In 1997, when he began college, interested in building a different world, Mr. Dorner majored in political science with a minor in psychology (I too had the same major and minor as an undergrad). Despite the lack of societal integrity he had experienced just for being Black, he stayed true to his own nature. In 2002, he found a bag containing nearly $8,000 in cash. He and a classmate turned it in to the police. When asked what his motive was, Mr. Dorner said “it’s an integrity thing.” Dorner added, “If people are willing to give that to a church, it must be pretty important to them.” Dorner said his mother taught him honesty and integrity. Interestingly, Dorner was not a Christian, or a believer in organized religion.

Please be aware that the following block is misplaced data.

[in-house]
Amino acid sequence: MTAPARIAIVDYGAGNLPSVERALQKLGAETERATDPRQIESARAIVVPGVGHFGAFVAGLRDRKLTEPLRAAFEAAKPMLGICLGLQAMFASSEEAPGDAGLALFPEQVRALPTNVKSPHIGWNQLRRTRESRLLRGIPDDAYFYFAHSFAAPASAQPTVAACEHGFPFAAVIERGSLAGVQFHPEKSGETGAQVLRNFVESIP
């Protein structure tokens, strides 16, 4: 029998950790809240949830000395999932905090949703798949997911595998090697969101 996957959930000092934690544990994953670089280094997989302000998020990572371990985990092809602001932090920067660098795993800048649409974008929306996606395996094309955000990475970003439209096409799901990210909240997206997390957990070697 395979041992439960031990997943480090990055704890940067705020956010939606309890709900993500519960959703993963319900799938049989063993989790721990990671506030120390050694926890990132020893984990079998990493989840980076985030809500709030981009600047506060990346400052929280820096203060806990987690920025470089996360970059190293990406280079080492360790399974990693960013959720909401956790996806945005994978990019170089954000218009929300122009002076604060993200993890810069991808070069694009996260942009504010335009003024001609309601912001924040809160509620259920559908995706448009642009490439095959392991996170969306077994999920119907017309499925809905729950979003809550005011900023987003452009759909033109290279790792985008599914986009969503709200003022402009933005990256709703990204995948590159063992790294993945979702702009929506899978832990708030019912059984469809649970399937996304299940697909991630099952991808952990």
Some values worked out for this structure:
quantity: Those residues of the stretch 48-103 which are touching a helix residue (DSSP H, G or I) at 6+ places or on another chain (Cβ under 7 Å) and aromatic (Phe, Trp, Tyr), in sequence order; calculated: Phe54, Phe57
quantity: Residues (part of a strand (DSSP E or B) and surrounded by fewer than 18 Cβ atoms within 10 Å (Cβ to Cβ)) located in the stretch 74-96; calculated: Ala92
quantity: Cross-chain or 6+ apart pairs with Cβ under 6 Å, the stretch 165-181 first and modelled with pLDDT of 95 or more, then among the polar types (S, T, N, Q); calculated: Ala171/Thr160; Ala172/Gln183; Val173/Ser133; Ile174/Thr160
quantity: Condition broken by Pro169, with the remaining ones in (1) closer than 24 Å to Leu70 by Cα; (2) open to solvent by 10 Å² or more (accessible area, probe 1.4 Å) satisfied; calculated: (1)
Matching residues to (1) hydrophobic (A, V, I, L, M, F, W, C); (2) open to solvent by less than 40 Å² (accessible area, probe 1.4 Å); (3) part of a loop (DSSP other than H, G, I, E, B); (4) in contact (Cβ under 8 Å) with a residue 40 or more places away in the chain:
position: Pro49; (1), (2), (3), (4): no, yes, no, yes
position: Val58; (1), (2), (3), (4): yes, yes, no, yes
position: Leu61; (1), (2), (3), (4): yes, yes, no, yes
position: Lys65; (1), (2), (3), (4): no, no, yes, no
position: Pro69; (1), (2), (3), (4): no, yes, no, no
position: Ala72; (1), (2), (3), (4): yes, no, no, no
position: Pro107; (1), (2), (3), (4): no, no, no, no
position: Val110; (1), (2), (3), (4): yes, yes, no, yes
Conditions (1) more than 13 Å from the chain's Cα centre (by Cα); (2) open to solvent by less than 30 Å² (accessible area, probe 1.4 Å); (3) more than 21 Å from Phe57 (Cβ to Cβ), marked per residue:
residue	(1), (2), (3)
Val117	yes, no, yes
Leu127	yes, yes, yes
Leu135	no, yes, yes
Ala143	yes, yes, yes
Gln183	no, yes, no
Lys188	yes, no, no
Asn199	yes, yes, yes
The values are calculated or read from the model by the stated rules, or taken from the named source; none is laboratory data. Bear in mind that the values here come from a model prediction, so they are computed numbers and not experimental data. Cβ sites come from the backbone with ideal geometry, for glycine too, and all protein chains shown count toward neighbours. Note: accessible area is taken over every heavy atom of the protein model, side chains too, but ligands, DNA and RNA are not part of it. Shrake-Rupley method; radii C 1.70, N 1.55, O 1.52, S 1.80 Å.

Throughout most of his short life, Mr. Christopher Jordan Dorner aimed to be a good upstanding American. His social network was inclusive and multi-racial, White folks included. But, the agony of racism was never far from the surface of his soul. In 2002, Mr. Dorner began a career in the Naval Reserve. In February 2013, shortly before his death, he would be dishonorably discharged. In 2005 he joined the Los Angeles Police Department (L.A.P.D.), excelling quickly, completing academy training in 2006. This decision would later put his intolerance for corruption and dishonesty to the test. His integrity would wind up being a marker in what would actually seal his doom. (When I worked in Law enforcement in Los Angeles, I was well aware of the racist brutality and abuse frequently served up by White cops, and self-hating Black cops with something to prove to the White cops. I joined their ranks to see for myself how they operated, with the intention to possibly influence change. I hit an institutionally racist wall of activity that went even beyond my worst nightmares, and wound up resigning under very similar circumstances to Mr. Dorner. But I was not there as long as he was.) Two years after joining the L.A.P.D., on September 4, 2008, Mr. Christopher Jordan Dorner would be terminated for filing a report concerning the conduct of fellow police officer, Officer Teresa Evans, for excessive force. Dorner accused Evans of kicking suspect Christopher Gettler in the face while he was handcuffed and lying on the ground. An internal review board concluded that Dorner had falsified his report, despite the corroborating statements of the kicking victim and his father. As far as Mr. Dorner was concerned, his attempt at fulfilling his nature as a decent human-being was again being dismissed in the face of injustice. Likely, Mr. Dorner likely deduced that this was based on his race, his having a code of ethics not had by the historically racist and corrupt L.A.P.D., and his unwillingness to stay inside the “Blue line.” (The Blue line is an agreement between police not to expose each other’s wrong behavior). For Mr. Dorner, this likely felt the same as the punishments he unjustly received when defending himself from unjust racism as child, trapped in a White, unfair and hostile environment. Dorner’s termination from the L.A.P.D. led to him posting on his Facebook page a demand for a public admission by the L.A.P.D. that his firing was in retaliation for reporting excessive force.